Replica crown jewels and Nelson’s Union Jack: what’s for sale this month

Fragment of flag flown from HMS ‘Victory’ at Trafalgar to be auctioned at Sotheby’s

 

Nelson’s Pillar – the column capped by a statue of the naval hero – was ignominiously blown up in Dublin’s O’Connell Street in 1966 but Lord Horatio Nelson is still revered in Britain as that country’s greatest naval hero. In 1805, the Royal Navy, under his command, defeated a Franco-Spanish fleet at Trafalgar, off the southwest coast of Spain, thus ensuring that Britain ruled the waves for the following 100 years. But Nelson died on the day of the battle and his body, infamously pickled in a barrel of brandy, was brought back to London for a state funeral.

A large fragment of the Union Jack believed to have flown from his ship, HMS Victory at the battle of Trafalgar is to be auctioned at Sotheby’s in London on Wednesday, January 17th. Despite its understandably battle-scarred, faded and fragile condition, the “Victory Jack” is expected to sell for up to £100,000 (€112,830).

But how did such a memento survive? According to a contemporary report, sailors at the funeral in St Paul’s Cathedral had carried the flag to the ceremony and were meant to deposit it in his grave but, “these brave fellows, however, desirous of retaining some memorials of their great and favourite commander, had torn off a considerable part of the largest flag, of which most of them obtained a portion”.

Other fragments have also survived. Some are in museums, but Sotheby’s said this piece is “exceptionally large” – measuring 860mm by 920mm (33 by 36 inches) – which explains the high estimate.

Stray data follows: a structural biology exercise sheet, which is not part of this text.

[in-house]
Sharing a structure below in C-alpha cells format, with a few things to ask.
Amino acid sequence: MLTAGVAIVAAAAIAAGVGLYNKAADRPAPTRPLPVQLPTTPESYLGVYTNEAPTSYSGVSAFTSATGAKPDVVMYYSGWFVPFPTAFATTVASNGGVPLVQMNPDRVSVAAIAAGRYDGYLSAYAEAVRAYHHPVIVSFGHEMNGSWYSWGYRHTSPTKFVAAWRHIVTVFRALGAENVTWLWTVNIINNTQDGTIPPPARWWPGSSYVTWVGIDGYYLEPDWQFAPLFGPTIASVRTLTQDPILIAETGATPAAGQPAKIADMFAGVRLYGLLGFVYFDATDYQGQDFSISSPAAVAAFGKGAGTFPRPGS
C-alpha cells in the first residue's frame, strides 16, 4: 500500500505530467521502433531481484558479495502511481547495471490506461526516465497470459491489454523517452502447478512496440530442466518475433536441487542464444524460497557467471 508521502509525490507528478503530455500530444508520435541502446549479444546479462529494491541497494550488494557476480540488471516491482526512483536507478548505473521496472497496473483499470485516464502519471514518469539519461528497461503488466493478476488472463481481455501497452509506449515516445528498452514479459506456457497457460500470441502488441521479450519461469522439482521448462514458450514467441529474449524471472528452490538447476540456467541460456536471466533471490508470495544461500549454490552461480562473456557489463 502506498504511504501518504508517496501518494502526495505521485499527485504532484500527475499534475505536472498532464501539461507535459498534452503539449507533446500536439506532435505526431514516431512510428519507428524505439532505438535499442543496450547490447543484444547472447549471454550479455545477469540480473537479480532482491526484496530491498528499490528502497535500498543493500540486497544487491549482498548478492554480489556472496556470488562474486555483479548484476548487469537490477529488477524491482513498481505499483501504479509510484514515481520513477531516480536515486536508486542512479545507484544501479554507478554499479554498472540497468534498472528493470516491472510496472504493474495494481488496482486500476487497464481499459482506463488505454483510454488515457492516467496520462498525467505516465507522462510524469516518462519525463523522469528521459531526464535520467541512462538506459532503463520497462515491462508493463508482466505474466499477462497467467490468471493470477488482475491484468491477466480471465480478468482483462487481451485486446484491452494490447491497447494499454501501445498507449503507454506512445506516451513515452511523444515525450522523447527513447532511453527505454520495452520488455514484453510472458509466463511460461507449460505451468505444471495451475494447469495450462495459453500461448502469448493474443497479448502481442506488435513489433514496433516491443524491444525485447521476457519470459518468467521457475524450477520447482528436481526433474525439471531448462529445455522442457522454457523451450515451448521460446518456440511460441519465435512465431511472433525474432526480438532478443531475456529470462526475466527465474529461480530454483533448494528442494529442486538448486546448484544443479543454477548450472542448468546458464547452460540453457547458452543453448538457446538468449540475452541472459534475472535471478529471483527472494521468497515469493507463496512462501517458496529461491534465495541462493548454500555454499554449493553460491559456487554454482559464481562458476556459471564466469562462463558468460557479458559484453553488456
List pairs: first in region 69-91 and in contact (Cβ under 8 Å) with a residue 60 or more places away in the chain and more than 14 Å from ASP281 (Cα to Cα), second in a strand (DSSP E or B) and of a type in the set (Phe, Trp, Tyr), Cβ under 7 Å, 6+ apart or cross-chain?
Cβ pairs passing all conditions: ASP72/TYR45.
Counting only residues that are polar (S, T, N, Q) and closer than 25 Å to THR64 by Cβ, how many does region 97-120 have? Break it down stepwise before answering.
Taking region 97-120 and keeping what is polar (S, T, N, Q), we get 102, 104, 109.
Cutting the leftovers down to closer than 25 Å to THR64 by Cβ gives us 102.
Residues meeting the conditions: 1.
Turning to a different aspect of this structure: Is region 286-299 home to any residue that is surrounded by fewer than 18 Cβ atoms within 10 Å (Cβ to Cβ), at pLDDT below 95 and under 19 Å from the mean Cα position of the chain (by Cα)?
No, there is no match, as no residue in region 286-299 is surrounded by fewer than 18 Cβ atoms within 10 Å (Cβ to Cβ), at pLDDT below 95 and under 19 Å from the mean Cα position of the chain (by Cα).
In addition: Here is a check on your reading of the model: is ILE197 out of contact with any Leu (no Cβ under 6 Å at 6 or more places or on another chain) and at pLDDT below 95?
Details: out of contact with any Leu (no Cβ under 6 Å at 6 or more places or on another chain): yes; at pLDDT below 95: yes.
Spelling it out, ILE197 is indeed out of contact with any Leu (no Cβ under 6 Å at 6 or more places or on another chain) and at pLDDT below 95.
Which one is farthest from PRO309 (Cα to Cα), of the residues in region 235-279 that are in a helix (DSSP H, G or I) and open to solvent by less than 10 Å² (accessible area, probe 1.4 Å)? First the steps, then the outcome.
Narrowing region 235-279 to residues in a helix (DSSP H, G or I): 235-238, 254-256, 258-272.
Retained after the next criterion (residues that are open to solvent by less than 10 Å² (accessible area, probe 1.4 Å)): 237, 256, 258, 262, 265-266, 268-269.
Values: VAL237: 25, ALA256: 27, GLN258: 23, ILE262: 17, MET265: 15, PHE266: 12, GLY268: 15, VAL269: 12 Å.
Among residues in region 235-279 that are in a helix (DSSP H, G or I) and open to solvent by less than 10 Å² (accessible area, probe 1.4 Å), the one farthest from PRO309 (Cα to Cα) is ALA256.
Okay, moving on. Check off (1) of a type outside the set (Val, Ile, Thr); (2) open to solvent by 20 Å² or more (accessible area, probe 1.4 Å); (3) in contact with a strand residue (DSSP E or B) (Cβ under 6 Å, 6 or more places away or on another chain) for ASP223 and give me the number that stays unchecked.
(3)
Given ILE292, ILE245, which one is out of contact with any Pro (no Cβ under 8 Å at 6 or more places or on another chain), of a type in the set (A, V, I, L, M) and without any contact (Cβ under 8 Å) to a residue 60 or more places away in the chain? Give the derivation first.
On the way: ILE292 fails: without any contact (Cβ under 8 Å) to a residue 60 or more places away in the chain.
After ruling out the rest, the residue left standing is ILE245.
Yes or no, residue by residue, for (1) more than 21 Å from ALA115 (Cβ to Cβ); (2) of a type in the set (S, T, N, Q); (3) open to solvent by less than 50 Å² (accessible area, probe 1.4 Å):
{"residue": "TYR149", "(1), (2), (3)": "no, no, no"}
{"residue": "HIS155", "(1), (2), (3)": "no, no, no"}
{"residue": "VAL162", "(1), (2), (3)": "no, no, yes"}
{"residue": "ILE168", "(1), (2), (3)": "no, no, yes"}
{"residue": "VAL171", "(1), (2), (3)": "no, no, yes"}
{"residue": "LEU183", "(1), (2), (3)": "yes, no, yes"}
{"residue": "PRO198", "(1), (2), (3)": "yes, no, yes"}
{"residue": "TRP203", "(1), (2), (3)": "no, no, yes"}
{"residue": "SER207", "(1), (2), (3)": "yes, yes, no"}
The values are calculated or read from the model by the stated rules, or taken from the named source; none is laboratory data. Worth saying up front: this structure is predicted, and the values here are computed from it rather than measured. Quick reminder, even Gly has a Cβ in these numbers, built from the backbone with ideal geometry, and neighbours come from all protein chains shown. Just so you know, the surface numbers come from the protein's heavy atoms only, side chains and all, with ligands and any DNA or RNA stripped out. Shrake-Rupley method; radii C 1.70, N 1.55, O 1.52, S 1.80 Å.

Only two complete Union Jacks that were used as battle ensigns at Trafalgar survive: one from HMS Minotaur is in Britain’s National Maritime Museum, the other from HMS Spartiate was sold at auction in 2009 for £384,000.

Grog chest

Also going under the hammer are other items with a Nelsonian provenance including his grog chest – a travelling chest with decanter set, wine glasses and beaker – that he kept in his cabin at sea (£35,000-£45,000).

The auction, entitled “Of Royal and Noble Descent”, also features paintings, sculpture, porcelain, silver, furniture with impeccable provenance. A whimsical lot , but likely to attract much interest and appeal to fans of the Netflix drama, The Crown, is a “Replica set of the British Crown Jewels” dating from the 1950s and estimated, surely conservatively, at £5,000-£7,000. The coronation of Queen Elizabeth II took place on June 2nd, 1953 at Westminster Abbey, and according to Sotheby’s: “Several replicas of the crown jewels, of which this is one, were made in honour of the coronation to be displayed to communities across the Commonwealth”.

The original British crown jewels, regarded as priceless and consisting of some 140 ceremonial pieces, are kept in the Tower of London. This set of replicas includes various pieces of the crown jewels in gilt metal, paste stones, simulant pearls, and velvet and imitation ermine trim. It includes five sceptres, five crowns including Queen Elizabeth, the Queen Mother’s Crown, the King George Crown, the Imperial State Crown, the Queen Mary Crown, and St Edward’s Crown, three swords, the “anointing spoon”, the mace, the sovereign’s orb, and, the “king’s spurs” – together with 12 storage boxes and five red velvet cushions.

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